The more you read, the less you know.
News coverage of the Transportation “Security” Administration routinely accepts premises that are ridiculously exaggerated, breathlessly framing stories around falsehoods and fantasies.
And here we go again, with a story in the Tampa Tribune about the legal travails of TSA officers who are suing the agency over its supposedly unfair employment practices. Here’s how senior military affairs writer Howard Altman introduces his protagonist:
For four years, Angnel Blanco was a top employee with the Transportation Security Administration at Orlando International Airport.
She earned accolades as a behavior detection officer, using agency techniques developed by the Israelis to help locate illegal drugs and keep passengers safe.
Almost every word of that second sentence is false. The TSA has no formal role — none — that requires or allows it to “help locate illegal drugs.” Its function at the airport is to keep weapons and terrorists off of airplanes, full stop. TSA smurfs aren’t cops. They aren’t sort-of cops. They have no law enforcement authority. And they work for an agency that doesn’t exist for the purpose of being any kind of junior drug enforcement agency at all.
Judges have thrown out cases that resulted from TSA searches that turned up drugs and cash, ruling that the agency has no authority to conduct that kind of search (though they continue to flout the law and do it anyway). To the extent that the TSA has a role in illegal drug trafficking, their officers tend to be on the other side. The TSA’s “behavior detection officers” cannot lawfully be trained to “help locate drugs,” because they have no legal authority to do so.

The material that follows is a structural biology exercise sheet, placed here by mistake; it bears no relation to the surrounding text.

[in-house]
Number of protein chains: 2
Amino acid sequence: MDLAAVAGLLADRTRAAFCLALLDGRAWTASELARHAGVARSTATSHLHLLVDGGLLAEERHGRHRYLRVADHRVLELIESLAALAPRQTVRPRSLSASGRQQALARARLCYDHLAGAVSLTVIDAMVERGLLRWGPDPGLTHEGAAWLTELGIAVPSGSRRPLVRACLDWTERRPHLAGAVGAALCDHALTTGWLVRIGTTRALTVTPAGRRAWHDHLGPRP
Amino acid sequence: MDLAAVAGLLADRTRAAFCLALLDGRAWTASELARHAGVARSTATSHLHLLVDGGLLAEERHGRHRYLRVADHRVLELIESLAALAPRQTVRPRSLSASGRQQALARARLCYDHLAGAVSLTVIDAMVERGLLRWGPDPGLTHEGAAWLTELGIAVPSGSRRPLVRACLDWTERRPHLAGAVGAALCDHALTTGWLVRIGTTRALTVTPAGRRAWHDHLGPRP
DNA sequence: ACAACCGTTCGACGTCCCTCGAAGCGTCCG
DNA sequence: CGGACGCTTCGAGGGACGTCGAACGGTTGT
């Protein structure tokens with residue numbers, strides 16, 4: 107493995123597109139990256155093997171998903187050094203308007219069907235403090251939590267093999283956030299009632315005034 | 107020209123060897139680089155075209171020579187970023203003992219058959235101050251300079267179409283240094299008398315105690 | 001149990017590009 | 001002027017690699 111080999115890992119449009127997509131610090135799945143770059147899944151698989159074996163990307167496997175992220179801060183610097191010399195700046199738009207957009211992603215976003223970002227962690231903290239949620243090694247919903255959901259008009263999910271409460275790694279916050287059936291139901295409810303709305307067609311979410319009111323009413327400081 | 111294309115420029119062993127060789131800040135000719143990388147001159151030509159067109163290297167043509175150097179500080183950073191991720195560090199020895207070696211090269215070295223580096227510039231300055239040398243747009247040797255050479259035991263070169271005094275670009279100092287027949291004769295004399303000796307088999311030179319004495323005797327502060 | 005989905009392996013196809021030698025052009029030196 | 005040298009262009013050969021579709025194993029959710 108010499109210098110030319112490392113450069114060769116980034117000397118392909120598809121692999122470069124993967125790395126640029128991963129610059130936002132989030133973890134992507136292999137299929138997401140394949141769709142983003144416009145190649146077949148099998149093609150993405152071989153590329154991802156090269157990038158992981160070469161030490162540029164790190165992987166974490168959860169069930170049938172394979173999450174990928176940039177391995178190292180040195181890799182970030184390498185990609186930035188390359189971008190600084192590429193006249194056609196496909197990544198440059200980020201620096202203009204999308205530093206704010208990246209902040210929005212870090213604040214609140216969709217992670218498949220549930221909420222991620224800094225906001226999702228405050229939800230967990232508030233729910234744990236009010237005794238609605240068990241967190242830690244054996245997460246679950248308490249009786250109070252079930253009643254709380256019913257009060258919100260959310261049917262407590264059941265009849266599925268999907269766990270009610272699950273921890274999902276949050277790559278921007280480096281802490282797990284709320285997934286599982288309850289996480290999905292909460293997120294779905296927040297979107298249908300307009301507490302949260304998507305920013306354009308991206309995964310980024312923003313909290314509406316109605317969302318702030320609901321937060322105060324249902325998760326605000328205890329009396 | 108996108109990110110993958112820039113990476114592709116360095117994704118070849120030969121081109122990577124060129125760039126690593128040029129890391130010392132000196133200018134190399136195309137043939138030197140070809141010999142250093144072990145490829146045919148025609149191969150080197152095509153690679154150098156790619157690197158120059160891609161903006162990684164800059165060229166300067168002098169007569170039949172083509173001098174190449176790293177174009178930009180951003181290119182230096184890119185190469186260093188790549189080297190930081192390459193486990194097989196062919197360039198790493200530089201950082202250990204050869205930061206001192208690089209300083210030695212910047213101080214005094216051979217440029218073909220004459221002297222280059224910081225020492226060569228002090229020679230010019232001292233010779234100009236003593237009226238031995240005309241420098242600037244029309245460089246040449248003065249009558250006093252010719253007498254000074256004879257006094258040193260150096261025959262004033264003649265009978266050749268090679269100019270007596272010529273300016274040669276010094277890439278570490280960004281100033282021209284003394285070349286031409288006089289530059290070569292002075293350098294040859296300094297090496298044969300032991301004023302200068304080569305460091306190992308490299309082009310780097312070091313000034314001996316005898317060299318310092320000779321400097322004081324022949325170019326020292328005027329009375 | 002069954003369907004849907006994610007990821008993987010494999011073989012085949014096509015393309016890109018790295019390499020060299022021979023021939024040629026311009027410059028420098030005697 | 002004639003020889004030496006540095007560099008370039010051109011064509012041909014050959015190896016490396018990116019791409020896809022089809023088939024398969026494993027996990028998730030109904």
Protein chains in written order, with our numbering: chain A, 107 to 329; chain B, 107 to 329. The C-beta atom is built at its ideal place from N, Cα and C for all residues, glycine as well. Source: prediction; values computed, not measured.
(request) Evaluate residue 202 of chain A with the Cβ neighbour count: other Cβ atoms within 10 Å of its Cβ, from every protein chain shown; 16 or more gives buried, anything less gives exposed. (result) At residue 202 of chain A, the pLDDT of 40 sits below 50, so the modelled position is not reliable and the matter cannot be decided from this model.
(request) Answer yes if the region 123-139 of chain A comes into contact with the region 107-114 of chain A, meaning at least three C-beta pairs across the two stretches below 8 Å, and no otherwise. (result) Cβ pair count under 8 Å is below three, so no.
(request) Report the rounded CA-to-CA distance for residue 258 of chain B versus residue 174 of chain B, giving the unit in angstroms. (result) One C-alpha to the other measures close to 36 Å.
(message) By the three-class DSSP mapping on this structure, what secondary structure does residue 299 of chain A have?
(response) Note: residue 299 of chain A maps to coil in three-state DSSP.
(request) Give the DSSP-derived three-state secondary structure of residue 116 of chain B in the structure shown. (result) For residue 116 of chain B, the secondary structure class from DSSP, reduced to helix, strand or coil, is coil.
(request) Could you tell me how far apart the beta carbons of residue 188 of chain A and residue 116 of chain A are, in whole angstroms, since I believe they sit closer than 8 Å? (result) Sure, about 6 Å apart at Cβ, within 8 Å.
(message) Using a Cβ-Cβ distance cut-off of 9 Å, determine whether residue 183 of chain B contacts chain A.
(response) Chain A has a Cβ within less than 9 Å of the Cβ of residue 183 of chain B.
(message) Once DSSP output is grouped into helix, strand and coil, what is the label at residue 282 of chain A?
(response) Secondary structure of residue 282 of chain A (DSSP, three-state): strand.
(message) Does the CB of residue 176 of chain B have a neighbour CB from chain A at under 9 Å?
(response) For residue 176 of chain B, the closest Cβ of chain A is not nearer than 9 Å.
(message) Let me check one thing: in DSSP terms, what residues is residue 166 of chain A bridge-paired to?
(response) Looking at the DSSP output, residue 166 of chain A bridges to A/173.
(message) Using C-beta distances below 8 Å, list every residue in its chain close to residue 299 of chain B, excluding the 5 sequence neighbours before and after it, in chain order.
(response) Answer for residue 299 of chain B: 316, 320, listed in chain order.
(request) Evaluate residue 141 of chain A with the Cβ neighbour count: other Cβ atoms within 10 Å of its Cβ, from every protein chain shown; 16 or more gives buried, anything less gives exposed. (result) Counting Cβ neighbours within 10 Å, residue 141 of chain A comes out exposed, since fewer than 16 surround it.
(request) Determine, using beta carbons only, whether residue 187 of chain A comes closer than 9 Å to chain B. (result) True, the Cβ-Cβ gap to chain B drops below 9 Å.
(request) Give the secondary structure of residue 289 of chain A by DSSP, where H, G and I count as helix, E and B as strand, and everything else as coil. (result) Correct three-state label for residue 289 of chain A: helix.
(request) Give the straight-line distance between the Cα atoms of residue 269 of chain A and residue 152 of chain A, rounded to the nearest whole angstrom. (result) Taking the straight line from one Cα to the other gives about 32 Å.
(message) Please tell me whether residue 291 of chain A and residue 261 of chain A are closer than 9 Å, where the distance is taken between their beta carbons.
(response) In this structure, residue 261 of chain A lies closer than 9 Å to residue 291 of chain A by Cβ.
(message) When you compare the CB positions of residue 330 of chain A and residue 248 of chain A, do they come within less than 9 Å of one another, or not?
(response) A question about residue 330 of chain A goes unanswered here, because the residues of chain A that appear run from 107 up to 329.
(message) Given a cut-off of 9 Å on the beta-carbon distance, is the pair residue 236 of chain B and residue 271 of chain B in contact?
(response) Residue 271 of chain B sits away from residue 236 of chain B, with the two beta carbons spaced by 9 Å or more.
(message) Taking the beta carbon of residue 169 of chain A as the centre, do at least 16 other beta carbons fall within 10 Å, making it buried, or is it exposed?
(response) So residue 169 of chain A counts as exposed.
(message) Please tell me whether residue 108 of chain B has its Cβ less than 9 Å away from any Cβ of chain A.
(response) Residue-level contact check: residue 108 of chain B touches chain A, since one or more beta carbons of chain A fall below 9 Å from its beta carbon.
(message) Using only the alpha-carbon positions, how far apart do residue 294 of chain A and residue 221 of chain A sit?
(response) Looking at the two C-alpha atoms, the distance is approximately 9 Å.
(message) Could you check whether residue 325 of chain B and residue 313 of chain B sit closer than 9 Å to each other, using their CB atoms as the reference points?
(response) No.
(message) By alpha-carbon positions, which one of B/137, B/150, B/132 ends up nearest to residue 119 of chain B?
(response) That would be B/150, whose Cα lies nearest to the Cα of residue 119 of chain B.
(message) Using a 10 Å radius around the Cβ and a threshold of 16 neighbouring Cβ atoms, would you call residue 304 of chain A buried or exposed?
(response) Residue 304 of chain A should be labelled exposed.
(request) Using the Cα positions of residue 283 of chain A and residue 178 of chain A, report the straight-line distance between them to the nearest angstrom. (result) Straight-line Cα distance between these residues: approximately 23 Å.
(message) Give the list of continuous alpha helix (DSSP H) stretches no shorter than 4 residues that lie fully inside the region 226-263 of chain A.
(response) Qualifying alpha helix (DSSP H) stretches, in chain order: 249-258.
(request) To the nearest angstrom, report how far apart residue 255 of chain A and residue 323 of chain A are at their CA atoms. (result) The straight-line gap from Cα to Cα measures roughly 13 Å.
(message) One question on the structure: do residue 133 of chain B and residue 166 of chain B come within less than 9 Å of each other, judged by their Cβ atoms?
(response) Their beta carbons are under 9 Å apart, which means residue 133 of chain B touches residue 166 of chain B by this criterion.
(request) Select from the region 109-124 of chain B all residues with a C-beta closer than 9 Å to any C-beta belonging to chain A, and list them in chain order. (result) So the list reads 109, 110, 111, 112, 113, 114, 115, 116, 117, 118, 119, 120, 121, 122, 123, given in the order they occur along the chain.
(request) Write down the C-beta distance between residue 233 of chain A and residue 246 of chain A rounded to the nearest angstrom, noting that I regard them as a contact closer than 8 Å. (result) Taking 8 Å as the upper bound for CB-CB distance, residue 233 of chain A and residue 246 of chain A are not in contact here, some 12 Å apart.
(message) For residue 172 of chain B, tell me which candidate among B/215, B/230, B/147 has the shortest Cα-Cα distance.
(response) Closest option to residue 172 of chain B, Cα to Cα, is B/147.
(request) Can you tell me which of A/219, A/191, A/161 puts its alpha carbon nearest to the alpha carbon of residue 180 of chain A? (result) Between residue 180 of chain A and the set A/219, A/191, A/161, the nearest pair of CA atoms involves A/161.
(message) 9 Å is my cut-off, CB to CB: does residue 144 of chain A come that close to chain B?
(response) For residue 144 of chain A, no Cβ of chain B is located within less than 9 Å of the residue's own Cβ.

Nor are the TSA’s pathetic behavior detection workers engaged in techniques “developed by the Israelis.” Israeli airport security is radically more invasive than the U.S. model, and is far more targeted on religion and ethnicity. Israeli security officials have rolled their eyes at the comparison, and with good reason.
As for the effectiveness of those eagle-eyed behavior detection officers, the Government Accountability Office found that TSA-trained BDOs’ ability to detect suspicious or evasive behavior is “the same as or slightly better than chance.” They are unambiguously worthless, which we’ve been pointing out for years. And years.
In just one sentence, then, a news report about the TSA is flatly wrong in at least three different ways.
Reporters, this is pretty simple: Those who work for the TSA like to tell dramatic stories about themselves. Trained by the Israelis! Standing on the front lines of the war on terrorism! Catching terrorists and drug dealers! Those stories are false, stupid, and pathetic. You should stop the practice of credulously typing them up as if they were in any way true.